$106 million upkeep for shuttered Outameni property
The government, through the National Housing Trust (NHT), continues to spend millions of dollars for the Orange Grove property in Trelawny, former home of the Outameni heritage and cultural attraction and tour, as would-be investors shy away from buying or leasing the non-performing real estate asset.
That leaves the housing and mortgage agency saddled with the land and building and equipment bought by the Trust for just over $182 million more than six years ago – a purchase that sparked controversy.
In response to questions from the Financial Gleaner about the property that the NHT has again been advertising – for the fifth time, it turns out– since October 23 this year, the NHT says it has already spent $106 million in upkeep for the property.
“Between the period June 2013 to August 2019 the National Housing Trust has expended J$106 million to maintain the 9.12-acre property,” the Trust said in an emailed response at the weekend. It added: “It is worth noting that since 2015 costs have been contained to the barest minimum required to insure and secure the property and to pay basic utilities.”
Tax Administration Jamaica records show that the NHT has also paid $837,300 in property taxes on the land over the six years. The tax authorities use a $30-million unimproved land valuation to levy taxes on the real estate.
While the total cost to maintain the property over the six-year period is nearly 60 per cent of the purchase price, it represents on an annual basis less than the $21 million the Trust had to fork out for upkeep in the first year of possession in 2013. The yearly maintenance cost now averages $17.6 million a year.
The NHT has confirmed that the property, initially bought by the NHT for its cultural and heritage value and tourism potential, has never been put to productive use since its March 2013 acquisition. “Since acquisition, the NHT has not utilised the property in any way and it was placed on the market in 2015,” the Trust said.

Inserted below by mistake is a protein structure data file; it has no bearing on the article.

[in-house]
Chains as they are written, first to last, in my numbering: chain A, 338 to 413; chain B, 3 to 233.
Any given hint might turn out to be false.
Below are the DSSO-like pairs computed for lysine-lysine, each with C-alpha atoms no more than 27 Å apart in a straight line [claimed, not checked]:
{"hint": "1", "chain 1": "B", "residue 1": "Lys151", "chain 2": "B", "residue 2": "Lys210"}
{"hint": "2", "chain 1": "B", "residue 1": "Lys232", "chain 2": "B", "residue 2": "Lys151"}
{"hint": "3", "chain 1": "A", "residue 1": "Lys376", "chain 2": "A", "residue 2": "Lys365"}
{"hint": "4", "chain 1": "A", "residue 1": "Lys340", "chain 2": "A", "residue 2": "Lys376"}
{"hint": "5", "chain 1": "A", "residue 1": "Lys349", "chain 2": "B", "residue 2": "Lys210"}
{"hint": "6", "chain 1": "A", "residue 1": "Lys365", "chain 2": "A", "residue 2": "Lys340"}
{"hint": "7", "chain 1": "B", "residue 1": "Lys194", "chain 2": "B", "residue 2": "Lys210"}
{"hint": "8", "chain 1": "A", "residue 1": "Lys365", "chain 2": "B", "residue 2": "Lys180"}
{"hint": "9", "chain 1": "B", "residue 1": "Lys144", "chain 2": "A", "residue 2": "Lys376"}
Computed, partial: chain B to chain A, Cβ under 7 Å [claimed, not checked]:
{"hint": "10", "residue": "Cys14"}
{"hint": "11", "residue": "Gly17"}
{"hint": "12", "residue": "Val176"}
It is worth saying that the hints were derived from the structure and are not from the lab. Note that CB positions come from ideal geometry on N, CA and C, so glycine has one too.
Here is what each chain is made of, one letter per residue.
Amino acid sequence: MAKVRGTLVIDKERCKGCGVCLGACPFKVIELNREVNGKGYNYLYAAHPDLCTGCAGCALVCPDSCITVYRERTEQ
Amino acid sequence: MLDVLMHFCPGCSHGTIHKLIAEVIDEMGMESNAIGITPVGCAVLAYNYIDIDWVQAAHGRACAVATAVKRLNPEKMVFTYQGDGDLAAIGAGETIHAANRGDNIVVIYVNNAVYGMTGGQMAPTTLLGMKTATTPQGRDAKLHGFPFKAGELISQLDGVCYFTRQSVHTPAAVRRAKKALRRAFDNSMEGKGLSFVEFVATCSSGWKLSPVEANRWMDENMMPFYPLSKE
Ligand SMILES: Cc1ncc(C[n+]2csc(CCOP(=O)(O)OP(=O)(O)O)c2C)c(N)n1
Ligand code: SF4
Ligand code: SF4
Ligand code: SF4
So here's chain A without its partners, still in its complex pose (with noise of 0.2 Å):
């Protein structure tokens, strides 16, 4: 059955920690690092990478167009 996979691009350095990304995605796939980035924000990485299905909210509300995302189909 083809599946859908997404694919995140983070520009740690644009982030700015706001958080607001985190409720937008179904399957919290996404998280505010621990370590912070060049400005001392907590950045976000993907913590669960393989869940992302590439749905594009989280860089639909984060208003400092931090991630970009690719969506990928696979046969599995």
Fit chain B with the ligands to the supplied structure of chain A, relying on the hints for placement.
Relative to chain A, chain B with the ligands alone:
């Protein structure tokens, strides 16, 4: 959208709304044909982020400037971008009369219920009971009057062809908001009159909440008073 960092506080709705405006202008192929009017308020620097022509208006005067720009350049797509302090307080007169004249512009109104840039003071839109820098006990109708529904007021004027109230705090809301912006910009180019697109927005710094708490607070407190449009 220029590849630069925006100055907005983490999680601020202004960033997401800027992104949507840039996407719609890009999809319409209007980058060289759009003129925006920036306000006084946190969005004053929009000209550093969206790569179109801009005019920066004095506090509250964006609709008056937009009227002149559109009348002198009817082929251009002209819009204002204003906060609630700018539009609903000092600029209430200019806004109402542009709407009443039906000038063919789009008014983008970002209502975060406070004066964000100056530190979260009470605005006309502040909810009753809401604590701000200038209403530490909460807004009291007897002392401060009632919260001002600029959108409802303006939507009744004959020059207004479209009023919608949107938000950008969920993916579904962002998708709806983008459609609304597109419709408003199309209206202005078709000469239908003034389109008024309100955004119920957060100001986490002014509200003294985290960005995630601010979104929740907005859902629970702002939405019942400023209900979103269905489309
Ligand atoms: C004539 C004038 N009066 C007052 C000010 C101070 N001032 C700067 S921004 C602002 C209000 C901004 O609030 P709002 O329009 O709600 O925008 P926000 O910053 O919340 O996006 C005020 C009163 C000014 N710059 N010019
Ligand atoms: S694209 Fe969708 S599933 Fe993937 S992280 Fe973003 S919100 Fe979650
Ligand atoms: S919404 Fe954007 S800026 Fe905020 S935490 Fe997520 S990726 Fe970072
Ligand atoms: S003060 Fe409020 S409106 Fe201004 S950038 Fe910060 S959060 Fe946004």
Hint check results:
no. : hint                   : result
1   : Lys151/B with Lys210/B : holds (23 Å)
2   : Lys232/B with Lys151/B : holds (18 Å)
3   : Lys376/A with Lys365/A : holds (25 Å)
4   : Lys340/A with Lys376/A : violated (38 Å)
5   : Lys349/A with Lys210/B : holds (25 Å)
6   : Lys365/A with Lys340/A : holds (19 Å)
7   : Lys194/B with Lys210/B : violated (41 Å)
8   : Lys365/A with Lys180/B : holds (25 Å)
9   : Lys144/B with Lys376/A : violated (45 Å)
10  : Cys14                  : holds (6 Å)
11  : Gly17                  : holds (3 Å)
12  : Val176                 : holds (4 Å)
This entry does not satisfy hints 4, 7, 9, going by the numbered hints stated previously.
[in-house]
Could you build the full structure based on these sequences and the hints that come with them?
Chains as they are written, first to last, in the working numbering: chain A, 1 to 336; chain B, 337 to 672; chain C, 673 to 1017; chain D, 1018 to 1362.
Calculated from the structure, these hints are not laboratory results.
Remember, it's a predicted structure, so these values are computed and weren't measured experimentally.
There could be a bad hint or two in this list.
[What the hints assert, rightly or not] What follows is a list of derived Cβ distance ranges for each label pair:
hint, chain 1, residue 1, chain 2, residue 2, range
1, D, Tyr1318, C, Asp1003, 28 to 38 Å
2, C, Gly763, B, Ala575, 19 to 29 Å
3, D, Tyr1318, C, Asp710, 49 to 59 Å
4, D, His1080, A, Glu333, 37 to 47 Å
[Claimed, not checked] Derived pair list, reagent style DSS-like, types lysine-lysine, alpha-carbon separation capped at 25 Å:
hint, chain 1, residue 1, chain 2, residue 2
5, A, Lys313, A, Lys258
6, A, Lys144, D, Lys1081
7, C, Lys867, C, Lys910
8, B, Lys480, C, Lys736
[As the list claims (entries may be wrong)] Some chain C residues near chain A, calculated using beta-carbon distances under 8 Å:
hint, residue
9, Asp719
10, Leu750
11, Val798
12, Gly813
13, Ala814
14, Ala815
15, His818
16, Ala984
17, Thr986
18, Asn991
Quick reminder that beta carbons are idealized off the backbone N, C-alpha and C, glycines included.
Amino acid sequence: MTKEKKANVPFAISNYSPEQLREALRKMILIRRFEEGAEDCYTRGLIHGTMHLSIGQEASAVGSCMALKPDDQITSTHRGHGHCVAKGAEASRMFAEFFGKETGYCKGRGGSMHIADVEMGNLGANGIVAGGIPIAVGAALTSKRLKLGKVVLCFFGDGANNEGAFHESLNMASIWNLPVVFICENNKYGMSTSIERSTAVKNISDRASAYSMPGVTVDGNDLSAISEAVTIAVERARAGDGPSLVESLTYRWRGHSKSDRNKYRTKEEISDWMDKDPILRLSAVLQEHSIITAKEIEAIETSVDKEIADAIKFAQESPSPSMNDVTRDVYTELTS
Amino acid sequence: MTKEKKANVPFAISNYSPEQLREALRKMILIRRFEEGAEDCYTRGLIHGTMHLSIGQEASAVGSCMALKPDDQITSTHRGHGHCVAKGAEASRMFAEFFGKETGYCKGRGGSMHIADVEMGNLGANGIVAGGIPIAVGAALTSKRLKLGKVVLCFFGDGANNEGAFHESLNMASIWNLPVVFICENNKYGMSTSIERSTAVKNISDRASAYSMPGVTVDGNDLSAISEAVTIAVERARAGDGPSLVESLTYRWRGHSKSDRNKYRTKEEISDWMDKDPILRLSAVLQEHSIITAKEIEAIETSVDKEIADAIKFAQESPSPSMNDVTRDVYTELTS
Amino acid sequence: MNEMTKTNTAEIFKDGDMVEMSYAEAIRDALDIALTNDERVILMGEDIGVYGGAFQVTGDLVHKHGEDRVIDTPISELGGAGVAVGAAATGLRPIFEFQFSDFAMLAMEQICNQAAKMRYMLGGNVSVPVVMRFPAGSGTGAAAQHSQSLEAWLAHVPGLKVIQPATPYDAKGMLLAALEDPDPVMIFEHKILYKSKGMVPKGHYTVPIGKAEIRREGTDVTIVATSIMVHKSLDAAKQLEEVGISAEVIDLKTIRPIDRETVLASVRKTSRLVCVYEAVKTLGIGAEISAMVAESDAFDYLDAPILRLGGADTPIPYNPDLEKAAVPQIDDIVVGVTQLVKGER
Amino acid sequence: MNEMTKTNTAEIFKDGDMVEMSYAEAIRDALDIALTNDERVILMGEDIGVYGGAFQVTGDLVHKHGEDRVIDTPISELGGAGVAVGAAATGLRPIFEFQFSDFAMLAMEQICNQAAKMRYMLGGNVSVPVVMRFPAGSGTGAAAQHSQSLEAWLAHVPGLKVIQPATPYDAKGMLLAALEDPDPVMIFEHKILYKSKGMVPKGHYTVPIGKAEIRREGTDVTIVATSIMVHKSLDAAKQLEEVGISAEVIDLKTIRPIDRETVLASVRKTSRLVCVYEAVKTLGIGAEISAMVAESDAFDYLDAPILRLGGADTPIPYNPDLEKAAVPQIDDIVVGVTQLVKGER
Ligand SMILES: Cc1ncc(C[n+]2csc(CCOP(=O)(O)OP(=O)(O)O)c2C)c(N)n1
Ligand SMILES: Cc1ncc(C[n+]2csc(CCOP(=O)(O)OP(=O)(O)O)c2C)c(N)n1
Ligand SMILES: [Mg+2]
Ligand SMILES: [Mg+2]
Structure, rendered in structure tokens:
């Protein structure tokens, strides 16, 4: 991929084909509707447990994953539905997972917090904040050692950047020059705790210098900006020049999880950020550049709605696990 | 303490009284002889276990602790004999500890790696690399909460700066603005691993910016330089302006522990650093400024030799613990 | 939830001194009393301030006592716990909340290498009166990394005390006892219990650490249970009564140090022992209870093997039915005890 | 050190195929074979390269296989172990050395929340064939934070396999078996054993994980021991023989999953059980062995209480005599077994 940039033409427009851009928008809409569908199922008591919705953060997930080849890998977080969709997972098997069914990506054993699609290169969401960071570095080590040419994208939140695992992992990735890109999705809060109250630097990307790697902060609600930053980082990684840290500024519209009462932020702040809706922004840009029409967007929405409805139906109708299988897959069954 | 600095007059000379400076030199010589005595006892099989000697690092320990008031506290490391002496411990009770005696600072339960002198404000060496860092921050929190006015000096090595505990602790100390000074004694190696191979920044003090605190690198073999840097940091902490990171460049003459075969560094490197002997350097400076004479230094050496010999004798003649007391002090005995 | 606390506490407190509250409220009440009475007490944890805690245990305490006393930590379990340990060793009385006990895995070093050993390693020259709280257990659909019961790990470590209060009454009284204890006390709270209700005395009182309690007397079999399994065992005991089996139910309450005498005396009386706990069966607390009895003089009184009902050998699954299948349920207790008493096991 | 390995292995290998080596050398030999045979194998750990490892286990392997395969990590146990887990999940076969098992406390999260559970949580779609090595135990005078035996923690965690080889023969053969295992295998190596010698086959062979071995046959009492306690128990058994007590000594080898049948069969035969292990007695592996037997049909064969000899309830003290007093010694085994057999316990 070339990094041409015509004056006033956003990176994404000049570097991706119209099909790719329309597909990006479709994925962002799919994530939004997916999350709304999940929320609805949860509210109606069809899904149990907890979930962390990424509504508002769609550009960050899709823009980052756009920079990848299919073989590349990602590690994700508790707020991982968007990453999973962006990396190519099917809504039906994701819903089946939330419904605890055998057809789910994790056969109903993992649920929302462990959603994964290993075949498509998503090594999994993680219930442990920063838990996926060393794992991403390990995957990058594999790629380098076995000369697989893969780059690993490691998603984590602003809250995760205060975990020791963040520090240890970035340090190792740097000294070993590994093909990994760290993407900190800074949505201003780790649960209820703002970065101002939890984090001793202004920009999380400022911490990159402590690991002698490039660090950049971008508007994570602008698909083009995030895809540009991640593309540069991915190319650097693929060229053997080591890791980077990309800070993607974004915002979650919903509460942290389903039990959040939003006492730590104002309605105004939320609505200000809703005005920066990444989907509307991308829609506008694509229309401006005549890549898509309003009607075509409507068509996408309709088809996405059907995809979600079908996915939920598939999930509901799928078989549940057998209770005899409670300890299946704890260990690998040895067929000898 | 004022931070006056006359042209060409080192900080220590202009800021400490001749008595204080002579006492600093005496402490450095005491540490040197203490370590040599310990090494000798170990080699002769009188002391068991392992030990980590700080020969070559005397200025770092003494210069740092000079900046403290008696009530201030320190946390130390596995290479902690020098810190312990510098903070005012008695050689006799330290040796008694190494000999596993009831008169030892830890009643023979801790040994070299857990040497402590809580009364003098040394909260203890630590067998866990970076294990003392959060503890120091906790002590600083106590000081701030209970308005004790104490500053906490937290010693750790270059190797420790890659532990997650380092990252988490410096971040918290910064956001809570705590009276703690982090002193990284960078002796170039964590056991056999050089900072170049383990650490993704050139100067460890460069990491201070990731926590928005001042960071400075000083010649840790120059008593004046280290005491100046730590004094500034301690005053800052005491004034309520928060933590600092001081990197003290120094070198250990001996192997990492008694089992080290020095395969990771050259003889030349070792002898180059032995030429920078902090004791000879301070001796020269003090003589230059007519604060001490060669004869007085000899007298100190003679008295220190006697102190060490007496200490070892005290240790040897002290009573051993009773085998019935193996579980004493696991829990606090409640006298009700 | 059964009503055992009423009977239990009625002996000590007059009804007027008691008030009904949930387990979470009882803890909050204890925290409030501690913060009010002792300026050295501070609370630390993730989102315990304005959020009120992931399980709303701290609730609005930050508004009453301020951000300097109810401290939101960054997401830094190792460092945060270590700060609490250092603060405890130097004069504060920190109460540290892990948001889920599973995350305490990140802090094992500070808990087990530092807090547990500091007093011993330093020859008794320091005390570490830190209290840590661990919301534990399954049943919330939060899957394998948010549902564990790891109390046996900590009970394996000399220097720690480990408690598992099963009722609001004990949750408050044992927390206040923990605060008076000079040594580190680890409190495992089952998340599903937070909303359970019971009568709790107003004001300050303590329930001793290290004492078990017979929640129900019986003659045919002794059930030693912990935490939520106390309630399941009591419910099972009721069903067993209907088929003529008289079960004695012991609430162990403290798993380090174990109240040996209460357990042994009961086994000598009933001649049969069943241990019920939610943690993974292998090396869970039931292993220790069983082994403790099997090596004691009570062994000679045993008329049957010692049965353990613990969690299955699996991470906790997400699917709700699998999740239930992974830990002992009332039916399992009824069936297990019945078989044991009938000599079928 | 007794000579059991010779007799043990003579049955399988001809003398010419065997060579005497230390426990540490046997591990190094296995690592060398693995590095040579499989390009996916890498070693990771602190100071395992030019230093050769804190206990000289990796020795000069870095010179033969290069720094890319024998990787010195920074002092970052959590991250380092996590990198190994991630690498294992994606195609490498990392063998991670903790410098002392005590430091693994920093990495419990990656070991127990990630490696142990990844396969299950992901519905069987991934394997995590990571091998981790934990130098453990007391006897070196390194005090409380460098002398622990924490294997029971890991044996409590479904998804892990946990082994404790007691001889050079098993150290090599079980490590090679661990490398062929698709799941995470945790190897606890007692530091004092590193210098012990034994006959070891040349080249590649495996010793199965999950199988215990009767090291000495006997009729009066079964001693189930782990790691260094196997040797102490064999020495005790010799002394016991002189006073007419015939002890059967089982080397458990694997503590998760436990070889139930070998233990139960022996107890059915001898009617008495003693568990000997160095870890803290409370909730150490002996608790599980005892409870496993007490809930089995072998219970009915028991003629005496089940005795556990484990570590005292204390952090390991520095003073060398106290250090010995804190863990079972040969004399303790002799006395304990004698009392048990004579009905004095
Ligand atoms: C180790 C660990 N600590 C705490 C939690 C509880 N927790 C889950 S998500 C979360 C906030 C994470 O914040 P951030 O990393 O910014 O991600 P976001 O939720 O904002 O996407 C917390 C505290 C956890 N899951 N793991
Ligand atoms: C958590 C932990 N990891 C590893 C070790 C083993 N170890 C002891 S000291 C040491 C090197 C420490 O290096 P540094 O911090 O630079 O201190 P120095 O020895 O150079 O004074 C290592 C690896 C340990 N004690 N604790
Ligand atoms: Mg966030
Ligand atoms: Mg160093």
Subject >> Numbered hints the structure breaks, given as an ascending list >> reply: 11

In fact, the property has been advertised for sale five times, the agency revealed: on August 23, 2015; August 21 to September 16, 2016; December 10, 2017 to January 28, 2018; April 1 to 30, 2018 and, most recently, on October 23, 2019 when it was advertised in national newspapers and listed on the NHT’s website.
The Trust explains the difficulty it has encountered offloading the real estate. “Since the initial advertisement for sale in 2015, the NHT has received four expressions of interest, including an offer to lease. After due diligence, only one entity satisfied the requirement. The interested party’s offer was accepted. However, the company subsequently rescinded its offer.”
The agency said that despite its efforts to find a buyer, it is yet to conclude a sale or lease agreement.
For more than a year after the NHT’s purchase of the property became public in 2014, the then People’s National Party administration came in for heavy criticisms of the transaction. The NHT board approved and went ahead with the purchase of the property from Orange Valley Holdings Limited (OVH), which was headed by film-maker Lenbert ‘Lennie’ Little White.
The company was said to have been indebted in the amount of $180 million to Capital and Credit Merchant Bank (CCMB) and the bank’s ultimate owners Jamaica Money Market Brokers Group, which was moved to sell the property, and later collateral used to secure it, to recover loans to OVH. A decision, which appears to have been taken after the initial purchase of the property, to restart the Jamaican history and culture tour was never activated by the NHT, which at the time estimated that it would have had to find another $211 million to get the venture up and running.
A land valuation commissioned by the NHT in February 2013 placed a value of $280 million and a forced sale value of $224 million on the property. A previous valuation, said to have been commissioned by CCMB, had valued the property at $311 million. Real estate industry sources say the value of the property, and its shunning by the market, could have been affected by the public furore that ensued in 2016 and took on political overtones. It is believed that the property’s relatively small acreage would make it expensive to convert to other uses, such as for housing.